Jason: You know what's wild, and it just occurred to me, is that it blows my mind that you [Jon] wrote this book without seeing a lot of this stuff. The book and the movie, they're companion pieces in a way. Jon wrote this book without having seen a lot of it and Matt made that possible.
Matt: We were really rigorous in making sure that everything in the film is based on historical truths and uncovered history. We based the narration on primary source quotes and based our characters off of real people and that rigor is really important to us as filmmakers and historians.
Jason: Another great thing about the film is that it doesn't get into all the stuff you already know. These are the people and the stories that seeped through everything.
And tell me a little bit more about picking out the uncovered stories and building the narrations you wanted to use.
Matt: I took Jon into a recording studio and we tried narrating the story and it didn't feel authentic because he was an older person and a British person speaking about this global story.
Jon: I was terrible. [laughs]
Matt: A friend of mine connected me to Jena Malone, who came to the studio and experimented with doing voice-overs with tons of subjective quotes. I thought that worked and was an interesting way to tell a story. But then I thought, can an American girl carry this whole story? No. So, we ended up narrowing the film to America and England and Germany and race was an important part of the story as well so I added an African American character and I wanted there to be an equal balance between female and male narratives.
And there was a line in the press release I was really interested in about activism and rebelliousness, and how you point out that adults today sort of forget what it feels like to be a teen. In your opinion, why do you think there's that separation?
Matt: At the core, I think it's that teenagers represent the future because they're going to live in the next era, and that creates a lot of hope and anxiety for adults. They project their fears onto young people and it leads to a desire to control them. But why do adults forget this need for freedom and self-expression and revert to this need to control? I think it's out of fear.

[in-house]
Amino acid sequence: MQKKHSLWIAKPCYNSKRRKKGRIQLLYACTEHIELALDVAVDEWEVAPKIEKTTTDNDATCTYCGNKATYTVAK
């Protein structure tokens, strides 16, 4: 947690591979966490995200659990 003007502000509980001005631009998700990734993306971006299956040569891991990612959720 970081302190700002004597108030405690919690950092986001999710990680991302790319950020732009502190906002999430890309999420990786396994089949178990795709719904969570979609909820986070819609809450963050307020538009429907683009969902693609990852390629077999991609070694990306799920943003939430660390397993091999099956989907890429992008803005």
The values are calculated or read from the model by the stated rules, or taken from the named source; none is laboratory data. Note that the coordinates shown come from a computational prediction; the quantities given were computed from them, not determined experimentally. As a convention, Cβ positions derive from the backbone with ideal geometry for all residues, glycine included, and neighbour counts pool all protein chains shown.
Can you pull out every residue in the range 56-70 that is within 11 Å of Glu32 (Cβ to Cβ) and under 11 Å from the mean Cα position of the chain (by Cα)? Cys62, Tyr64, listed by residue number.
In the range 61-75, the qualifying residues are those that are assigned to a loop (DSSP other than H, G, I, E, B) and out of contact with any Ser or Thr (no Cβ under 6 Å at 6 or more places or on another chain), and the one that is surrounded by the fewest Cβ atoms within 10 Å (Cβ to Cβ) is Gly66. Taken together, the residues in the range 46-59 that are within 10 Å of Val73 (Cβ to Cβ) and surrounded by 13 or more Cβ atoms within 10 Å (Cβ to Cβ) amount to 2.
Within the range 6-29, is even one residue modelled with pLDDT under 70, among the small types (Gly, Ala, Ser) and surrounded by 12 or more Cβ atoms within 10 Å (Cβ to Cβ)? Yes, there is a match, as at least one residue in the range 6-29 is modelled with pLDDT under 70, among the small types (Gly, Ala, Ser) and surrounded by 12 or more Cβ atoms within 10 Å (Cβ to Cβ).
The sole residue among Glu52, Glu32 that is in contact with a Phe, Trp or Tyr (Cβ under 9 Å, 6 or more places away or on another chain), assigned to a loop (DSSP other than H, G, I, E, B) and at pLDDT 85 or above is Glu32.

Jon: And also people get beaten down by life, they really do. People get into habits and raising a family, if you do that. It also depends on temperament. I've always been a guy who's interested in the present and the future. A lot of my work is in the past but when I was a kid I was into stuff that were really cutting edge, which is why I'm excited about the film because it's so different. You have the everyman histories, the history of the normal people, but when I was a kid I hated the normal people. I never wanted to be normal EVER. With the book and the film I was interested in the exceptional people who make the change. Because, if there's no change there's just entropy and then everything turns to shit.
Matt: When I was a teen I was a gay activist, and I remember publishing this underground newspaper and dumping it in the middle of my quad and then going to the bathroom and just barfing. I didn't even think about it as brave, it was just this immediate need to express myself. As I get older I think about what people will think of me and I try not to think that way, but with teenagers, they just purely express in a very visceral way.
Jason: I do remember being an adolescent and feeling angry and sad and not knowing why. As you get older, adults need to find a reason for why you feel all these things. I have a daughter now and whenever I meet a parent of an older kid they go, "Just wait till she's 13!" *eye roll* and it's like, why the "just wait?"